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    Geology of Novaya Zemlya

    Encyclopedia Arctica Volume 1: Geology and Allied Subjects

    001      |      Vol_I-0549                                                                                                                  
    EA-I. (N. V. Pinegin)


            Geologically and structurally, Novaya Zemlya is extremely complex.

    Investigations by Russian and Norwegian geologists show that the early

    Paleozoic era was inaugurated by broad, shallow epeiric seas which extended

    over the region where Novaya Zemlya now lies. This is proved by the fact

    that Cambrian fossil remains, consisting of brachiopods and trilobites,

    are found in the strata deposited in those seas. The earliest known up–

    lift of Novaya Zemlya, according to O. Holtedahl, took place in the middle

    Silurian period, since marine deposits of this age have not been found there.

    The area was reinundated by the sea in the late Silurian period, and remained

    under water until the middle of the Devonian period when volcanic activity

    and orogenic movements began to develop. There are some indications that

    the newly uplifted part of the land formed a portion of a large Devonian

    (Old Red) continent. The location of the present Arkhangelskaia Bay was on

    its margin, but at that time, a large lagoon or inland sea lay on the site

    of this inlet. That there were volcanoes nearby is attested by recurrent

    beds of ash and sub-marine lava flows in the lagoonal deposits. Among the

    fossil remains found on Novaya Zemlya, there is considerable material which

    shows that late Devonian deposits were laid down in a basin of stagnant water.

    In the ensuing epochs (the lower and middle as well as the early part of the

    002      |      Vol_I-0550                                                                                                                  
    EA-I. Pinegin: Geology of Novaya Zemlya

    upper Carboniferous period), the ancient continent on the site of Novaya

    Zemlya was covered by a warm, shallow, but open sea, for thick strata of

    limestone have been left. Subsequently a slight elevation occurred, and

    the land was exposed; but somewhat later, in the pre-Artinsk period, the

    continent once more was submerged — and this time for a long time.

            The time of the final uplift of Novaya Zemlya has not yet been estab–

    lished with complete precision. It is known only that in the Permian period

    Novaya Zemlya was still under water, but no fossils of marine animals belong–

    ing to this time have been found up to the present. Probably an orogeny took

    place simultaneously with the formation of the huge mountain folds which

    separated Europe from Asia. The complicated folds of the Novaya Zemlya moun–

    tains are relies of this major orogenic period. During these diastrophic

    movements, masses of volcanic rock were extruded through fissures which had

    formed and were poured out over the older sedimentary rocks, altering them

    by their pressure and heat.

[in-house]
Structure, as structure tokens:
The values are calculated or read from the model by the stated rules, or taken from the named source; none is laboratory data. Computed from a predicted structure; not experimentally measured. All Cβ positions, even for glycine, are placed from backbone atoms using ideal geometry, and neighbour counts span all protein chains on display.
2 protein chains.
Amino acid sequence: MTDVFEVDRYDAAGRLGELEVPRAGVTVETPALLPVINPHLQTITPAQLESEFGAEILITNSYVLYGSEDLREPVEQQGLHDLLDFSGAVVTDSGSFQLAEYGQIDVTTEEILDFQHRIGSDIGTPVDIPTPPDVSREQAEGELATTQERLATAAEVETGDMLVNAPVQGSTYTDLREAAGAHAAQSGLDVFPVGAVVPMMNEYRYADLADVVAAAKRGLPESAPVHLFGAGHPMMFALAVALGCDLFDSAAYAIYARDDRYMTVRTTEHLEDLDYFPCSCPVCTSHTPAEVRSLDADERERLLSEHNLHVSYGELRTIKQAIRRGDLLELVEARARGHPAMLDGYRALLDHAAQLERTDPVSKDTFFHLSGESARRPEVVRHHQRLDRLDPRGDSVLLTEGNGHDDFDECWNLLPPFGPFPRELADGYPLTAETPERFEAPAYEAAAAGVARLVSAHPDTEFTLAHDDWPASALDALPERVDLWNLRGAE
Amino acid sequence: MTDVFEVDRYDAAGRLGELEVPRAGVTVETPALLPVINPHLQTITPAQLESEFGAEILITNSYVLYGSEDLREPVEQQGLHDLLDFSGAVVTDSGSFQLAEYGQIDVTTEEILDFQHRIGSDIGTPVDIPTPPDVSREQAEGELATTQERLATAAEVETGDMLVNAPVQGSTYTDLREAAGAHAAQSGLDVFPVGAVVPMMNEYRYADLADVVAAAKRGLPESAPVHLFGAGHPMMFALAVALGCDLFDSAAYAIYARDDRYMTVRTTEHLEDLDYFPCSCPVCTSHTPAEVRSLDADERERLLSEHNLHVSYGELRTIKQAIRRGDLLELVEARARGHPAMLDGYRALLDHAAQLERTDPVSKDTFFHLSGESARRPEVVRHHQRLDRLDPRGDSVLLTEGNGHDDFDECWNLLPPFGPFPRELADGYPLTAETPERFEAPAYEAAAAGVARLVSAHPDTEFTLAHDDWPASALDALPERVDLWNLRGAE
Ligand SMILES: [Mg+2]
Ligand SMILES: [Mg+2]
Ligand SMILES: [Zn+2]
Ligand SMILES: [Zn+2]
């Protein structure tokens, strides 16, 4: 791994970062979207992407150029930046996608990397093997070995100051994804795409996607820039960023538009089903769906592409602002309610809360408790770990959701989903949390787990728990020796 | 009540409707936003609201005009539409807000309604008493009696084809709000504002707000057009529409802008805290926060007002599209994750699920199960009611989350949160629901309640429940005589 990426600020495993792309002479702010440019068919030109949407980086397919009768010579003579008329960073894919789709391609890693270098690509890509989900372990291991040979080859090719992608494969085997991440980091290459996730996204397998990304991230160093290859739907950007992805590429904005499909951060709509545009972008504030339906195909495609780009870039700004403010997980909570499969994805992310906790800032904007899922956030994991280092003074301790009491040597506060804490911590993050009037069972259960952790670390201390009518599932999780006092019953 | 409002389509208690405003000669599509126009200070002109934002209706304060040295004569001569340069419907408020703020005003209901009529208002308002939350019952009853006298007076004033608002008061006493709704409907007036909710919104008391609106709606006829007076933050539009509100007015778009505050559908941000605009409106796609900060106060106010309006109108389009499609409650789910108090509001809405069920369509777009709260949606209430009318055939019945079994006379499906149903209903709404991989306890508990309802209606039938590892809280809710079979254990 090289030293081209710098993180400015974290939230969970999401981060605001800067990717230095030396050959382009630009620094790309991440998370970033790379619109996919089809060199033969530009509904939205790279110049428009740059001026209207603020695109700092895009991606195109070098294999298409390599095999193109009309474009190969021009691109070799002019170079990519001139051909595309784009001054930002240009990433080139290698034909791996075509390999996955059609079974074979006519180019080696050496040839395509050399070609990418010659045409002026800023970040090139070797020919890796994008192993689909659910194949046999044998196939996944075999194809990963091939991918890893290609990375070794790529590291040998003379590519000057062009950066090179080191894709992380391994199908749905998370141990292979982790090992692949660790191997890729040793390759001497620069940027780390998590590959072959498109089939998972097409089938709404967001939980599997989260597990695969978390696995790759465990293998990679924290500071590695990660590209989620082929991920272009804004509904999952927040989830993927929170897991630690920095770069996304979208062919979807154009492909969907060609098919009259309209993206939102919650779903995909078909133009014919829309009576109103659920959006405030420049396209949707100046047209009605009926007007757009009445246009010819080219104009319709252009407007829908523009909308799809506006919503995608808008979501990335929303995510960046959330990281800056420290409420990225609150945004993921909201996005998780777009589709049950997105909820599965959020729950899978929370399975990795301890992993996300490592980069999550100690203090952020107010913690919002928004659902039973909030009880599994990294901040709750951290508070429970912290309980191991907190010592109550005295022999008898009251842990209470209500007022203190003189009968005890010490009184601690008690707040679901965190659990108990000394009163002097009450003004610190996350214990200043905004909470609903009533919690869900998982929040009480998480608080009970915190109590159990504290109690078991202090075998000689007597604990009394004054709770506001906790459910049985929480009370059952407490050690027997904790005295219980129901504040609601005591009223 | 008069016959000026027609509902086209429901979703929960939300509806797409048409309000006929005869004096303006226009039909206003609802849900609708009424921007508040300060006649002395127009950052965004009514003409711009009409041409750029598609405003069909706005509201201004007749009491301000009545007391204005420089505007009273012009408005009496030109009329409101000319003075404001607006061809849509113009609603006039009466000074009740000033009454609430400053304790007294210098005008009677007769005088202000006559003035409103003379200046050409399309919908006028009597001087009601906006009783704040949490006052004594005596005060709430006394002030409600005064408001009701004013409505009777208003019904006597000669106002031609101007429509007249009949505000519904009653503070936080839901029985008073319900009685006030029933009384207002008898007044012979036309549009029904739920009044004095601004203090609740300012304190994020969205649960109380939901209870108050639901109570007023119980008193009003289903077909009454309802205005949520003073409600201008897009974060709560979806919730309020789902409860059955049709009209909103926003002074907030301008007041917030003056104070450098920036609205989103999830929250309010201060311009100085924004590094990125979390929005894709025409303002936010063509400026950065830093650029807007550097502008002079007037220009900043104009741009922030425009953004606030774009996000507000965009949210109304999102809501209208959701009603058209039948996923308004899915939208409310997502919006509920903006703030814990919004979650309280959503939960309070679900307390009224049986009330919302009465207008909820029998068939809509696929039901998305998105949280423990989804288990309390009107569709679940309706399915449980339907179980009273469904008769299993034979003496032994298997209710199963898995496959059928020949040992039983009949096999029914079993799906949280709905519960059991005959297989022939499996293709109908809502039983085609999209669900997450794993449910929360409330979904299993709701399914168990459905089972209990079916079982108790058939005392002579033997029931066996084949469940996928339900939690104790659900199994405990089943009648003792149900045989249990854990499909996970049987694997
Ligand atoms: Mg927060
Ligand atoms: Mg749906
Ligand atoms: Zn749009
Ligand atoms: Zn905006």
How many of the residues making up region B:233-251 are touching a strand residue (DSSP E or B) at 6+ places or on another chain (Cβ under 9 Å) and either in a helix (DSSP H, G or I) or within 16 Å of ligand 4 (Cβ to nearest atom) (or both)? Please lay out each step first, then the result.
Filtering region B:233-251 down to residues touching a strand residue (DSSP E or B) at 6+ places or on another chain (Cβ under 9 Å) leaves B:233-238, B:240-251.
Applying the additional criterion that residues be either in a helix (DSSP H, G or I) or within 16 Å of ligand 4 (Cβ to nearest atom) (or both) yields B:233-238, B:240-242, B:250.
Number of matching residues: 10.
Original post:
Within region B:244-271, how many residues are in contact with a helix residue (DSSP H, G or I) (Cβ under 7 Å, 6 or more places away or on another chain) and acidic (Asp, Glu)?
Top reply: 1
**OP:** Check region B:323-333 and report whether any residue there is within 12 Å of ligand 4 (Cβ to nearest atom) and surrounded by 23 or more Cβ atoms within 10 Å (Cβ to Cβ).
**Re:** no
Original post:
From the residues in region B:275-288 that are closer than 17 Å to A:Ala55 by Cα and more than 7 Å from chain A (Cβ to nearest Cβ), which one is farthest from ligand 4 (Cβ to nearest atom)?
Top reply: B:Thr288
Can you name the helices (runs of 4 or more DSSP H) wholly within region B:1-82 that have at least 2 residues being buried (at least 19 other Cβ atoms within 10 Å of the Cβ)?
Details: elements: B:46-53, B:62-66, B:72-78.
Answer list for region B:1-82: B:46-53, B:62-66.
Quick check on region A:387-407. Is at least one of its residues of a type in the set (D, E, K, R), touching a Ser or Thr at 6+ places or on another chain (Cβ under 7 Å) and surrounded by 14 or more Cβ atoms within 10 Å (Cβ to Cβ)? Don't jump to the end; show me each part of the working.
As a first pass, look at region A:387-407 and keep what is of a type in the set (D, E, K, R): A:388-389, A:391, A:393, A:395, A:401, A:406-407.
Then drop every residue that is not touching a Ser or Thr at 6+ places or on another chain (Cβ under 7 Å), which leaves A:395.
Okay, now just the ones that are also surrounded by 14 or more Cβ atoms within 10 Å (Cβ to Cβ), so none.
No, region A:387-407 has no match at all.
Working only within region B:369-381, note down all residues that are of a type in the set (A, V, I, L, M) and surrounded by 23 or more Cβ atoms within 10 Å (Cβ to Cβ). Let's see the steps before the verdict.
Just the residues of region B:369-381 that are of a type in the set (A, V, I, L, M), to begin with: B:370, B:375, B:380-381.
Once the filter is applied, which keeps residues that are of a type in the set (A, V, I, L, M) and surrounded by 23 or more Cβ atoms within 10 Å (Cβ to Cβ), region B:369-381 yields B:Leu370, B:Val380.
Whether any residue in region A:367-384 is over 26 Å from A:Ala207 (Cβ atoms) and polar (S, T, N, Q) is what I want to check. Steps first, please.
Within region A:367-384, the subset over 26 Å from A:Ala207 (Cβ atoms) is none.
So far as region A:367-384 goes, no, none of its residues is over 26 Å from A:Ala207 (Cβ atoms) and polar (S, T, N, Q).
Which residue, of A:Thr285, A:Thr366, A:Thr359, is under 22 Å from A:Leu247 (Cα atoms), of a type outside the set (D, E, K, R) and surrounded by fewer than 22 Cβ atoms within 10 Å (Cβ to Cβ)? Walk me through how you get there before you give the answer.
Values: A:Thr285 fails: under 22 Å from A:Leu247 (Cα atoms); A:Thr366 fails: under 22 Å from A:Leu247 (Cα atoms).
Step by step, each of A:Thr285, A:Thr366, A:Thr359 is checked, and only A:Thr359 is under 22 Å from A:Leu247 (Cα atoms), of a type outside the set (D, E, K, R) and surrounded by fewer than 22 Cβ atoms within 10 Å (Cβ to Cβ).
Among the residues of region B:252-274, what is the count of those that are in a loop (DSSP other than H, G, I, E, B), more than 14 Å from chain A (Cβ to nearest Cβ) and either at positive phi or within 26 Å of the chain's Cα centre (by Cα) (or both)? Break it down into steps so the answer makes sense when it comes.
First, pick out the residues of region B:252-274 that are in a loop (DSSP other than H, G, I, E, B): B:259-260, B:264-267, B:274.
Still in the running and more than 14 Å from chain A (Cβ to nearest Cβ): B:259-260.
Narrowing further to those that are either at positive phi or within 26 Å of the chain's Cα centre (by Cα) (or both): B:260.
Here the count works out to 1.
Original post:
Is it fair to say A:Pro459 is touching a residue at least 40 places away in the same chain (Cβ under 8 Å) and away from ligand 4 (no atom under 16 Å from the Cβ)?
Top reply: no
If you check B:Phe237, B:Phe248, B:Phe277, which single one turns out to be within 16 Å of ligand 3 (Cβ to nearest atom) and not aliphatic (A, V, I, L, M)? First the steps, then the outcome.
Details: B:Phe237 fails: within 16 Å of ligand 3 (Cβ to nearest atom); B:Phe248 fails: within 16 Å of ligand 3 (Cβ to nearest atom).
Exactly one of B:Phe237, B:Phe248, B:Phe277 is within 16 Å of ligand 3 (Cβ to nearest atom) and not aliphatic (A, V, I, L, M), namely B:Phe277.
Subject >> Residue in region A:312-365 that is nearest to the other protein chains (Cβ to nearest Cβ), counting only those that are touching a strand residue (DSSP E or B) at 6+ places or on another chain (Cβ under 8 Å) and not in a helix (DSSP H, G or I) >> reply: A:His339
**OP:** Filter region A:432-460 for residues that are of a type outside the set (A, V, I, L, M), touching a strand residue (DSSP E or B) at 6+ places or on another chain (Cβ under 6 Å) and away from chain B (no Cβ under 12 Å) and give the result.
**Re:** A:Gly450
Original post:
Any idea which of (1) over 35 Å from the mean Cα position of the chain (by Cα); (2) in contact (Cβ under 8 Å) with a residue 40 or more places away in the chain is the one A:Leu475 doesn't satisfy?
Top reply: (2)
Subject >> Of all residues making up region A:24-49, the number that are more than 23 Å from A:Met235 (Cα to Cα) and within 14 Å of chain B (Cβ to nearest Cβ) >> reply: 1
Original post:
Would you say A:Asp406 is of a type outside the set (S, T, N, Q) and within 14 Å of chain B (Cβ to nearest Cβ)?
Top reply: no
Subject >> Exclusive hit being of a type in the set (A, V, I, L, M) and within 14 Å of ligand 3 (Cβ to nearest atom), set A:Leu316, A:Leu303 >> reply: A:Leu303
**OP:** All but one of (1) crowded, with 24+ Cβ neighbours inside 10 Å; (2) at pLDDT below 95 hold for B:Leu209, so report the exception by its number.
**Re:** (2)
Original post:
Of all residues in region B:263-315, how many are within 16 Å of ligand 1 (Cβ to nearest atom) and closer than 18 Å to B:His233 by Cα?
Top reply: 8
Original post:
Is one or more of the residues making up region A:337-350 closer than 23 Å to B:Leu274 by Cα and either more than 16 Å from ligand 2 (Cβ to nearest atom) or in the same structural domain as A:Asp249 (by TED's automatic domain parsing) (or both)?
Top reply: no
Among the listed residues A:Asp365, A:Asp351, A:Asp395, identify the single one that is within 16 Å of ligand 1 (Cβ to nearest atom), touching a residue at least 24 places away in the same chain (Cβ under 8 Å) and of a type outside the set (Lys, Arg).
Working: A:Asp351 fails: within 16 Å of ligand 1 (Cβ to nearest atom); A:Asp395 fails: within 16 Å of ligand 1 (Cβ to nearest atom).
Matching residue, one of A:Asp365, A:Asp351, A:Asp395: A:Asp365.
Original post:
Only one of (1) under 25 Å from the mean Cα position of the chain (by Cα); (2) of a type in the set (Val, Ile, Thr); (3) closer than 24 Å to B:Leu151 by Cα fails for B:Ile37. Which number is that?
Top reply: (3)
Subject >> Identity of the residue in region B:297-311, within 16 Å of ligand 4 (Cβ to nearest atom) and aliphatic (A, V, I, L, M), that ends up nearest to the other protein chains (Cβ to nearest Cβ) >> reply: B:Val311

Geological observations tend to show that Novaya Zemlya was probably

    elevated above sea level during the entire Mesozoic period, since fossili–

    ferrous marine sediments are lacking except for some late Jurassic and

    Cretaceous forms derived from erratics from an unknown source. It is still

    possible, of course, that this island was partially submerged, but this

    question has not been settled with full clarity.

            The surface features of Novaya Zemlya, with its characteristic long,

    narrow, transverse trenches or intermontane valleys, were developed by stream

    erosion during the Tertiary period. During the Pleistocene epoch these valleys

    were overdeepened by ice and the rough mountain features partly smoothed down.

    The cumulative effect of all these processes resulted in the present orographic

    003      |      Vol_I-0551                                                                                                                  
    EA-I. Pinegin: Geology of Novaya Zemlya

    configuration of Novaya Zemlya.

            It is the opinion of the Norwegian geologist Grönlie that glacial ice

    completely covered Novaya Zemlya, including the tops of the highest mountains

    during the Pleistocene epoch. Under the weight of this icecap, Novaya Zemlya

    was depressed and former shore lines stood at least 350 meters higher than at

    present. When the ice cover began to melt away, the land began to rise in

    response to isostatic readjustments, but the recovery of levels did not pro–

    ceed altogether uniformly and stillstands are indicated by the numerous

    shore terraces which are clearly seen on the coastal heights. This uplift

    has been in progress throughout all of the post-Pleistocene and Recent epochs,

    and down to the present time. However, there are indications that such move–

    ments have now slackened somewhat. This seems to be substantiated by the

    status of the modern shore line, which is more maturely developed than those

    at higher elevation. But it must be noted that historical records show that

    the strand lines of the island have been rising considerably within the past

    few centuries.


    N. V. Pinegin, Novaya Zemlya, Arkhangelsk ,

    1935, p.59 ff. Translated by

    Ordway Southard

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